Lawyers for the Justice Department and Google were expected to elaborate on their opposing views in a hearing in San Jose scheduled on Tuesday before US District Court Judge James Ware.

It will mark the first time the Justice Department and Google have sparred in court since the government subpoenaed the California-based company last summer in an effort to obtain a long list of search requests and website addresses.

The government believes the requested information will help bolster its arguments in another case in Pennsylvania, where the Bush administration hopes to revive a law designed to make it more difficult for children to see online pornography.

Google has refused to co-operate, maintaining that the government's demand threatens its users' privacy as well as its own closely guarded trade secrets.

The Justice Department has downplayed Google's concerns, arguing it does not want any personal information nor any data that would undermine the company's thriving business.

The case has focused attention on just how much personal information is stored by popular websites like Google - and the potential for that data to attract the interest of the government and other parties.

'Invasive requests' 

Time Warner's American Online
is another site involved in issue

Although the Justice Department says it does not want any personal information now, a victory over Google in the case would likely encourage far more invasive requests in the future, said University of Connecticut law professor Paul Schiff Berman, who specialises in internet law.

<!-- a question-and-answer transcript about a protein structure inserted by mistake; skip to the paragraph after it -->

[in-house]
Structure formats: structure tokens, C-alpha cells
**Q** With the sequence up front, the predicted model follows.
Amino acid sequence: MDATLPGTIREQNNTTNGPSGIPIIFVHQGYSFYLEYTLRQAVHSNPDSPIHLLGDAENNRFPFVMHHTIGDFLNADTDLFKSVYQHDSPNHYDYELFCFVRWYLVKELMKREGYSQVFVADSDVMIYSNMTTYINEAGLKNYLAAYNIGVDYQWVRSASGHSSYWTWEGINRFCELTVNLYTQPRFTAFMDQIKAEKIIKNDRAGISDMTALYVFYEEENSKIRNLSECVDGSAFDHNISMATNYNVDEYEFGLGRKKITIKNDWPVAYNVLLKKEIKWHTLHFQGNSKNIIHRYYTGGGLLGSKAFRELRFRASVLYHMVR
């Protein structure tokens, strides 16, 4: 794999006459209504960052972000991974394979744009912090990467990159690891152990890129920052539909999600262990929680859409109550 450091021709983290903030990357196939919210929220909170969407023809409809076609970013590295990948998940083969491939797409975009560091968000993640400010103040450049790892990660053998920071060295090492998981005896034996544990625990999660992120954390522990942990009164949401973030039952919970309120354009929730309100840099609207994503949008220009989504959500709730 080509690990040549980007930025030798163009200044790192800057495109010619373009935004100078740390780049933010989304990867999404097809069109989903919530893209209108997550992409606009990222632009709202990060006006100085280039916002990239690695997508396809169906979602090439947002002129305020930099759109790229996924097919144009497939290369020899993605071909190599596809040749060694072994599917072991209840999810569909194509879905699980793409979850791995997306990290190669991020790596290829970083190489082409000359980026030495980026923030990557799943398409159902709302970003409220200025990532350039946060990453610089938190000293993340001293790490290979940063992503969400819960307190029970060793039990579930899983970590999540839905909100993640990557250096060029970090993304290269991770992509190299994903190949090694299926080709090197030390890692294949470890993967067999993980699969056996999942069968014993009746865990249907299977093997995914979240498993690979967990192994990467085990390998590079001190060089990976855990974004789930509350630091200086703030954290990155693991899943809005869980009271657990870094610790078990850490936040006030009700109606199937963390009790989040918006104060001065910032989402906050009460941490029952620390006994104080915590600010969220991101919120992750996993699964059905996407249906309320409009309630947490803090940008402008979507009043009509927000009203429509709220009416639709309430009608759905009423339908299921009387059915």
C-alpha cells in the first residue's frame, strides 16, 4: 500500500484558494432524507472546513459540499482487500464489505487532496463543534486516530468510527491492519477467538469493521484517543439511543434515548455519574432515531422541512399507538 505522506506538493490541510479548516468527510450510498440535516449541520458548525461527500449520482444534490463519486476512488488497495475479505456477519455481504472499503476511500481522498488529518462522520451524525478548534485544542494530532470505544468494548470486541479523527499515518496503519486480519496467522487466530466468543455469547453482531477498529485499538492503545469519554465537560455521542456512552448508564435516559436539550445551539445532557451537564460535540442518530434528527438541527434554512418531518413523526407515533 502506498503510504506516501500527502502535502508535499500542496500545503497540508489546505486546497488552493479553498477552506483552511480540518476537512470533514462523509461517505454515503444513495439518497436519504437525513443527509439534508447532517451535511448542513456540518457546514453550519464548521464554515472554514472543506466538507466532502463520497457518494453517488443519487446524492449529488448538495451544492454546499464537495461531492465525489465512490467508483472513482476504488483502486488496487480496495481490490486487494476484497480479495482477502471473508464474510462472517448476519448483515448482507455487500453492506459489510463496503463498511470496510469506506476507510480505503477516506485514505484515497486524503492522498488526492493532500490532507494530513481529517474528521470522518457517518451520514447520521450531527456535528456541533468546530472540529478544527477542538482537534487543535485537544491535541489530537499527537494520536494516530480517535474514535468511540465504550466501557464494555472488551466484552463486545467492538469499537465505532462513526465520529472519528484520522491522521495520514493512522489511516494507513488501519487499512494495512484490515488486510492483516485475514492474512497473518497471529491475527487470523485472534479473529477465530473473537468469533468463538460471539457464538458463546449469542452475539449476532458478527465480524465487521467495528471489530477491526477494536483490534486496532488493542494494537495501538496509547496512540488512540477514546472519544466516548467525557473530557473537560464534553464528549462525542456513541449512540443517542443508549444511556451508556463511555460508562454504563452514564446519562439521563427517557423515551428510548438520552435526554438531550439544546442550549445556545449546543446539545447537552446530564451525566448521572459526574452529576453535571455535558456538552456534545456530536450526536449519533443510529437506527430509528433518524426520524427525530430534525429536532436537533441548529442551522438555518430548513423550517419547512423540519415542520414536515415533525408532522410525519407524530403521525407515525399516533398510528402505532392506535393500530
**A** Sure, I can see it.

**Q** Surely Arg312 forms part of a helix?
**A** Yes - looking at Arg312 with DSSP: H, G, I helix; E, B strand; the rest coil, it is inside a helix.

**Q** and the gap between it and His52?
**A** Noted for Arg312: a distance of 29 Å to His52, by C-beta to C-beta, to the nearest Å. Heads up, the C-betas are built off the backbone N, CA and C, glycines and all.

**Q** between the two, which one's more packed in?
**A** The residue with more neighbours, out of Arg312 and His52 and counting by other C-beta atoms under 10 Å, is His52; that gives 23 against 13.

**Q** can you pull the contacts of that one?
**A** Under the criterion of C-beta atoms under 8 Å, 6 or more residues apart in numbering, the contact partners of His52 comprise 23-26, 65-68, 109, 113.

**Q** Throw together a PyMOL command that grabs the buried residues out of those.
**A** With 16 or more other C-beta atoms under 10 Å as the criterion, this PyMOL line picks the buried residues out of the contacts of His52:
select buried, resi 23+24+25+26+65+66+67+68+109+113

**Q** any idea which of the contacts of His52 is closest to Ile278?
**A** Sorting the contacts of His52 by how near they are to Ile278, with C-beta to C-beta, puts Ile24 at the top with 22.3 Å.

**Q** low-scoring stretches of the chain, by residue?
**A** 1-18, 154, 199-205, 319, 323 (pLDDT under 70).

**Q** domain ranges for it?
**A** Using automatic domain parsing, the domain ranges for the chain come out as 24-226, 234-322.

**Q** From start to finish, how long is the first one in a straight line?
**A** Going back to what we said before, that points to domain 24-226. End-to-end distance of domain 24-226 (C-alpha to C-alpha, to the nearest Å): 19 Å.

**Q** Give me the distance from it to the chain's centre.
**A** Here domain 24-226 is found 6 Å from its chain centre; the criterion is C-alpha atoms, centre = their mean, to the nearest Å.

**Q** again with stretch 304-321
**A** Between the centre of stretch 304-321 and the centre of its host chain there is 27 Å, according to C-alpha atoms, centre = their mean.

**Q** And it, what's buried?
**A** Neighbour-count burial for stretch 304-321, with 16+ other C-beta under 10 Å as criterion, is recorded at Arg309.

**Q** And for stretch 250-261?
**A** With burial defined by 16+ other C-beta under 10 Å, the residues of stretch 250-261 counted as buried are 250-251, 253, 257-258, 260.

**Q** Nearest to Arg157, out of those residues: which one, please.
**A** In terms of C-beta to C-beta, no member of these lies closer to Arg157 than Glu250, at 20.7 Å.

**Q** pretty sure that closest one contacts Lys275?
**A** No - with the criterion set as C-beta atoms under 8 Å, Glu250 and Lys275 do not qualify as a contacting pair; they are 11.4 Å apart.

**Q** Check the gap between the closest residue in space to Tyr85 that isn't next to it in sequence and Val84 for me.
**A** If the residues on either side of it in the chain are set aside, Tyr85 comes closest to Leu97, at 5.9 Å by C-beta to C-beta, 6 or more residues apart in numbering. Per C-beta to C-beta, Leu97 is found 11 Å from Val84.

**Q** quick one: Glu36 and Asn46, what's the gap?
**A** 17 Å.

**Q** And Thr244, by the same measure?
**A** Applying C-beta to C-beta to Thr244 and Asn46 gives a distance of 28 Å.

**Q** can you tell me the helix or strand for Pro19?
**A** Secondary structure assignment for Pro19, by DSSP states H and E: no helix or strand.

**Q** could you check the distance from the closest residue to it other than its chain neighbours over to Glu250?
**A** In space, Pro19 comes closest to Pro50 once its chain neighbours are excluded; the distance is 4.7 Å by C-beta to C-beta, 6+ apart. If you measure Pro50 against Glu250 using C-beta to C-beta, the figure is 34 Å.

"The erosion of privacy tends to happen incrementally," Berman said.

"While no one intrusion may seem that big, over the course of the next decade or two, you might end up in a place as a society where you never thought you would be."

Google seized on the case to underscore its commitment to privacy rights and differentiate itself from the internet's other major search engines - Yahoo Inc, Microsoft Corp's MSN and Time Warner Inc's America Online.

All three say they complied with the Justice Department's request without revealing their users' personal information.

Co-operating with the government "is a slippery slope and it's a path we shouldn't go down," Sergey Brin, Google co-founder, told industry analysts earlier this month.

China's capitulation

Even as it defies the Bush administration, Google recently bowed to the demands of China's Communist government by agreeing to censor its search results in that country, so it would have better access to the world's fastest growing internet market.

"The erosion of privacy tends to happen incrementally"

Paul Schiff Berman,
Law professor, University of
Connecticut

Google's China capitulation has been harshly criticised by some of the same people cheering the company's resistance to the Justice Department subpoena.

The Justice Department initially demanded a month of search requests from Google, but subsequently decided a week's worth of requests would be enough.

In its legal briefs, the Justice Department has indicated it might be willing to narrow its request even further.

Ultimately, the government plans to select a random sample of 1000 search requests previously made at Google and re-enter them in the search engine, according to a sworn declaration by Philip Stark, a statistics professor at the University of California, Berkeley who is helping the Justice Department in the case.